I ready said how the changing POVs messed up the reading for me, so no need to go through that again. The book was slow and boring to start with too. It picks up when the cases converge. And by that point Connelly does away from shifting from Bosch too much and the book improves dramatically. I loved the twists of this case and getting into what causes The Poet to seek out a type of man and murder him.

The changing nature of the FBI post 9/11 was interesting to see too. And there's a curve thrown at us at the end that provides the answers to lingering questions about Terry. It would have been interesting to see what see Connelly could do with this character. Instead the characters from his series all seemed to suck so good riddance to them.

The ending leaves Bosch on a new path and alone again. ( )
  ObsidianBlue | Jul 1, 2020 |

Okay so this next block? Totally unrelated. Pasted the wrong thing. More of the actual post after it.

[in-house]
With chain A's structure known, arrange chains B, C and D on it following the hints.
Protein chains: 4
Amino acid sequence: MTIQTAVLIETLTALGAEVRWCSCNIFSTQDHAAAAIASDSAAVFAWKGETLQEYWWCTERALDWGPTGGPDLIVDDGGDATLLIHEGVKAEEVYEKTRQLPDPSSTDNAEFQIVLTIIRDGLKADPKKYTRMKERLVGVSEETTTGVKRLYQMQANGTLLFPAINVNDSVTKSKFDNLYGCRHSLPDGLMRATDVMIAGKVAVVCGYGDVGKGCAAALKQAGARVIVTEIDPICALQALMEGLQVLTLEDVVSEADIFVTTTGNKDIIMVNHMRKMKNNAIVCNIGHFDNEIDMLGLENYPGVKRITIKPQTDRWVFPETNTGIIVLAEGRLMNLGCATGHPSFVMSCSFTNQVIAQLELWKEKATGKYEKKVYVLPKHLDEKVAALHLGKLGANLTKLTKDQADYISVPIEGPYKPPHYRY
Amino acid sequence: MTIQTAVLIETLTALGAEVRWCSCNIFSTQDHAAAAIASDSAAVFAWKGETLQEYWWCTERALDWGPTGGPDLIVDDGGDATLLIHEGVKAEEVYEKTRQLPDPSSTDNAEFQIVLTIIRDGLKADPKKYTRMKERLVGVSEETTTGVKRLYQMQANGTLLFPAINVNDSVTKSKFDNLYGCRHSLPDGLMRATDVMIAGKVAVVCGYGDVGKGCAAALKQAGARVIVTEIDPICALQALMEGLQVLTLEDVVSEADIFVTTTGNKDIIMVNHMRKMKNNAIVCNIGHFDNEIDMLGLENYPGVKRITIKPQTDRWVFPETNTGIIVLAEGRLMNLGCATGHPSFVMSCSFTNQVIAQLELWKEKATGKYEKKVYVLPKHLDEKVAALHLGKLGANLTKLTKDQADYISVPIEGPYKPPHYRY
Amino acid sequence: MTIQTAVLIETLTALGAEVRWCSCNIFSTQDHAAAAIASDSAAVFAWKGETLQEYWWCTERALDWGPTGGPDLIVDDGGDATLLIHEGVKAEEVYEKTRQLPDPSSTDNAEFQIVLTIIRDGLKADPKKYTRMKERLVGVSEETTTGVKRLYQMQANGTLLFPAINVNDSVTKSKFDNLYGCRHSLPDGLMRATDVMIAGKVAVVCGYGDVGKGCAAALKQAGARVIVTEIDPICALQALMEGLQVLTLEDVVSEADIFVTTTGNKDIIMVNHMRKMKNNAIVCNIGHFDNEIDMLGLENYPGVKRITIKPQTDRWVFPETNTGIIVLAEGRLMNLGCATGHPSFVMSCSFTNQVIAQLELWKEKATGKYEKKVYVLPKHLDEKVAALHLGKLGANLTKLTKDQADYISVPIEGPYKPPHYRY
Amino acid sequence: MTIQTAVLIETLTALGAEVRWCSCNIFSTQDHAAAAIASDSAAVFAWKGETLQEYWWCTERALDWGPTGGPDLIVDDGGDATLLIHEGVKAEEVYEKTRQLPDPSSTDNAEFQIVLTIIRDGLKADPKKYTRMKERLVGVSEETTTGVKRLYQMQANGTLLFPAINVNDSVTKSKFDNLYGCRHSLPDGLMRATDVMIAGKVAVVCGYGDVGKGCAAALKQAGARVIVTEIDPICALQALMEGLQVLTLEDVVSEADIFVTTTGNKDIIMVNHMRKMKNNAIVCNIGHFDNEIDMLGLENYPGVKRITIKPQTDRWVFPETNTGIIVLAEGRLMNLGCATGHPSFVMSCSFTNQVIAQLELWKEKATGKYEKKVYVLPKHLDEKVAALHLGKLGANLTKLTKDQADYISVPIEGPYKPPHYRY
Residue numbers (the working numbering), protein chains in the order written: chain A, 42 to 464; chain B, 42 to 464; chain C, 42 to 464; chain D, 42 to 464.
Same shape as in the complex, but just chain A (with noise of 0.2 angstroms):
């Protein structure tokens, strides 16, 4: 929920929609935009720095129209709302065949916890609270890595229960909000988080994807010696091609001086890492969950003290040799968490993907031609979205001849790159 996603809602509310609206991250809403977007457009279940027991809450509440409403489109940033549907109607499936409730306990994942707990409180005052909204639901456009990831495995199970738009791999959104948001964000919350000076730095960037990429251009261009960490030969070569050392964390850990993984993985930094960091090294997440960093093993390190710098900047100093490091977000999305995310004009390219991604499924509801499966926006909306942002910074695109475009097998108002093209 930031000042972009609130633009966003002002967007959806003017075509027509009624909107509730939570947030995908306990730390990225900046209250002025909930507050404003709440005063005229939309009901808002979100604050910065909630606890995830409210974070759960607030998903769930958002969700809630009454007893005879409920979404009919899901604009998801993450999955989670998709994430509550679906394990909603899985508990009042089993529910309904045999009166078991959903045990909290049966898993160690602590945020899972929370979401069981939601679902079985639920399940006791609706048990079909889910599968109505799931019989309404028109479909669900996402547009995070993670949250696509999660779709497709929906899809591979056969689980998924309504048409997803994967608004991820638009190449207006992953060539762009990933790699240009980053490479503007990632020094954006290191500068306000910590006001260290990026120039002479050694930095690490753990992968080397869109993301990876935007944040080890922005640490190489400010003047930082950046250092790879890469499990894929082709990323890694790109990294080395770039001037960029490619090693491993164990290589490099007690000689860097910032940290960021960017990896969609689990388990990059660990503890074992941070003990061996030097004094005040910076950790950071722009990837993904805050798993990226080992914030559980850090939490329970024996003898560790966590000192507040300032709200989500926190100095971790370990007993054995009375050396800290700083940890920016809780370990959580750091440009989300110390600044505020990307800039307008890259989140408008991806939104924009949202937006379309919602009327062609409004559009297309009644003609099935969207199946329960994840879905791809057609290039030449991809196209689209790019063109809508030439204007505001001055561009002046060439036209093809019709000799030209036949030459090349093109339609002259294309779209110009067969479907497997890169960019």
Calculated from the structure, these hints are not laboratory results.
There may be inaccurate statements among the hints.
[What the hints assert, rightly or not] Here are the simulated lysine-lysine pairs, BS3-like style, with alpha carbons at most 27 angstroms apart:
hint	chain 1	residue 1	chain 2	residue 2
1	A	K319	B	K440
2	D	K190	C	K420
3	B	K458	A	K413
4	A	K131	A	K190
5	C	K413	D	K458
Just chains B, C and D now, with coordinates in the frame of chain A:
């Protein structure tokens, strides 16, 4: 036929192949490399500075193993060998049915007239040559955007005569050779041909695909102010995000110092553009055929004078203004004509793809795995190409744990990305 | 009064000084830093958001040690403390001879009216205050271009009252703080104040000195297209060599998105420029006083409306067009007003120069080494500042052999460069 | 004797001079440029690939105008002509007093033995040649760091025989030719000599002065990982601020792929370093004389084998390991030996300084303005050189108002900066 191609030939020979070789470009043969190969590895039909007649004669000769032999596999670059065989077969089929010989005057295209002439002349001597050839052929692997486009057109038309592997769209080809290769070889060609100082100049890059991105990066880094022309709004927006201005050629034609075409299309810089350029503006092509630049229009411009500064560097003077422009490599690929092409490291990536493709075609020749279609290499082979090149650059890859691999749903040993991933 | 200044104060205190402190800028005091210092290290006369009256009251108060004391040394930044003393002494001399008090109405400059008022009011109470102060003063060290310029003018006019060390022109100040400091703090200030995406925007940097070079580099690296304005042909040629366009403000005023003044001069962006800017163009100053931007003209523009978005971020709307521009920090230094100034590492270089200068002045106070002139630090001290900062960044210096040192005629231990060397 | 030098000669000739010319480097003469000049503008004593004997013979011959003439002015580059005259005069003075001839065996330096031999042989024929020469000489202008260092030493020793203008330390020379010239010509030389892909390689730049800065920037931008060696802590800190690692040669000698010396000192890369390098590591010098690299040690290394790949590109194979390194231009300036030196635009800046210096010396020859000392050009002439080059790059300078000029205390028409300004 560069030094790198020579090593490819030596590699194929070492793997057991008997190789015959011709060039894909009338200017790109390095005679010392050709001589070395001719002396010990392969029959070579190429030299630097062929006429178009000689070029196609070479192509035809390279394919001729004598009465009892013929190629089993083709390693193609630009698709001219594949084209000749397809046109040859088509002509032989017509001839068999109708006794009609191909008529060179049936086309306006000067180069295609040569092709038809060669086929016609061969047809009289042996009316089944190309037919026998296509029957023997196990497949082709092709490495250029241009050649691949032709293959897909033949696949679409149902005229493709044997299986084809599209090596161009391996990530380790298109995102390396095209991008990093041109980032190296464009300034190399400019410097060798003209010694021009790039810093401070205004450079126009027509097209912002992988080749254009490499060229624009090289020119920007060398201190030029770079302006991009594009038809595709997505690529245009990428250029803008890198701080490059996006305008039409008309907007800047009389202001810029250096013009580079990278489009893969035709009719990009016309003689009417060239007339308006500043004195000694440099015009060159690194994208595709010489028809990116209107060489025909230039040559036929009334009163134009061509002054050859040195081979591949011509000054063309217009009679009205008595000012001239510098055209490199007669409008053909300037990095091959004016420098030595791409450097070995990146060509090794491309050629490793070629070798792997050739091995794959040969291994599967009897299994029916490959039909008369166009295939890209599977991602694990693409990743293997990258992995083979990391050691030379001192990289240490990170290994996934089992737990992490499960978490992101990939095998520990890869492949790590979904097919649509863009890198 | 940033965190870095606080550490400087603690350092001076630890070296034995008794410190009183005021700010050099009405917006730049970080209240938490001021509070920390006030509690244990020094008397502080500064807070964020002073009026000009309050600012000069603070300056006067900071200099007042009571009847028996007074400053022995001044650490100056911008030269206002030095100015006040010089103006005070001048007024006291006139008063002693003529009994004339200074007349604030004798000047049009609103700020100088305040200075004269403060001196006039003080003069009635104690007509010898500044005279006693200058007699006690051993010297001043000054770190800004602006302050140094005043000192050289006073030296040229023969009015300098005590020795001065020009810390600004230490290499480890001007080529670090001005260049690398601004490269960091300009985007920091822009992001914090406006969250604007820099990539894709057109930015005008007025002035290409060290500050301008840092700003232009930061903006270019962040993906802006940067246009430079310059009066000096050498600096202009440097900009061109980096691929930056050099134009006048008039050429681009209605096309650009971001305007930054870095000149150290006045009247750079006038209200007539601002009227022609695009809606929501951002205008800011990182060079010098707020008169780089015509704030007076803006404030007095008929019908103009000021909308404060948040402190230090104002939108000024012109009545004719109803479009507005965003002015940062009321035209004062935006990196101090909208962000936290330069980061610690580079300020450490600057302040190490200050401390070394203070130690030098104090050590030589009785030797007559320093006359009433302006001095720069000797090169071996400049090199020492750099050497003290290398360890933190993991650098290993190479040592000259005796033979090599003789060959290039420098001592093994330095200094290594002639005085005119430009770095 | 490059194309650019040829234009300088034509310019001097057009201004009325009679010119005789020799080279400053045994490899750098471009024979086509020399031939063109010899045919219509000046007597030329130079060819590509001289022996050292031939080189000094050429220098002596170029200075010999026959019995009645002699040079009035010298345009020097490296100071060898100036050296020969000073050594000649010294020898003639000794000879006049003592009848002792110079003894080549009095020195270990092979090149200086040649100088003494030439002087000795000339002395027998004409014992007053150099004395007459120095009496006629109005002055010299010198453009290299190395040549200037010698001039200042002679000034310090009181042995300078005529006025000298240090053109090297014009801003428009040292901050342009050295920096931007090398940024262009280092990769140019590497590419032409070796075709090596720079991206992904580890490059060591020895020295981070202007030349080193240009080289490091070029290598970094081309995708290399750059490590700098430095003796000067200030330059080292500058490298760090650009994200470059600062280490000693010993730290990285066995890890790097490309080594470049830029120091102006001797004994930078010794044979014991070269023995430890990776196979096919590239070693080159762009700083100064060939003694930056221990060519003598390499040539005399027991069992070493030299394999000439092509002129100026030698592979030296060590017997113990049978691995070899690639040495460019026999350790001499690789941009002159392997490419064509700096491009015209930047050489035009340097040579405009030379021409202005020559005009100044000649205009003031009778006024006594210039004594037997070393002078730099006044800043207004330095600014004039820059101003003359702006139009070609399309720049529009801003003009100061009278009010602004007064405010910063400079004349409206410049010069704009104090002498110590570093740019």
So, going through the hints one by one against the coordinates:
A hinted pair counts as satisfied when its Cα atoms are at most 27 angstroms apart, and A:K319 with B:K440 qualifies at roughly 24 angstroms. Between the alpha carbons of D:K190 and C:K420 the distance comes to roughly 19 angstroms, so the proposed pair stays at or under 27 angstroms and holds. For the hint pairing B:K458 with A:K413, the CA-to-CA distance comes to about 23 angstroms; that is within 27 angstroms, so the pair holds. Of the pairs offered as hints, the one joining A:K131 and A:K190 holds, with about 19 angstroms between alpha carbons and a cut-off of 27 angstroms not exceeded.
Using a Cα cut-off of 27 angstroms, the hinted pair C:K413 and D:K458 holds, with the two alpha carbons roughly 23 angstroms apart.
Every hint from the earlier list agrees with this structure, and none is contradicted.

This is another great one from Connelly. Harry Bosch's friend Terry McCaleb dies on his boat. Drops dead of a heart attack so it seems. But, it's not. Someone has diluted the medication Terry must take to prevent his heart transplant (Bloodwork) from rejection. ( )
  susandennis | Jun 5, 2020 |
I did not realize this was the second part of The Poet story. I wish I'd read the first before this book.

Story was...meh. Okay. ( )
  cgfaulknerog | May 28, 2020 |
Showing 1-5 of 56 (next | show all)
no reviews | add a review

» Add other authors (11 possible)

Author nameRoleType of authorWork?Status
Michael Connellyprimary authorall editionscalculated
Cariou, LenNarratorsecondary authorsome editionsconfirmed
Larsson, EvaTranslatorsecondary authorsome editionsconfirmed
Rusconi, AnnaTranslatorsecondary authorsome editionsconfirmed
You must log in to edit Common Knowledge data.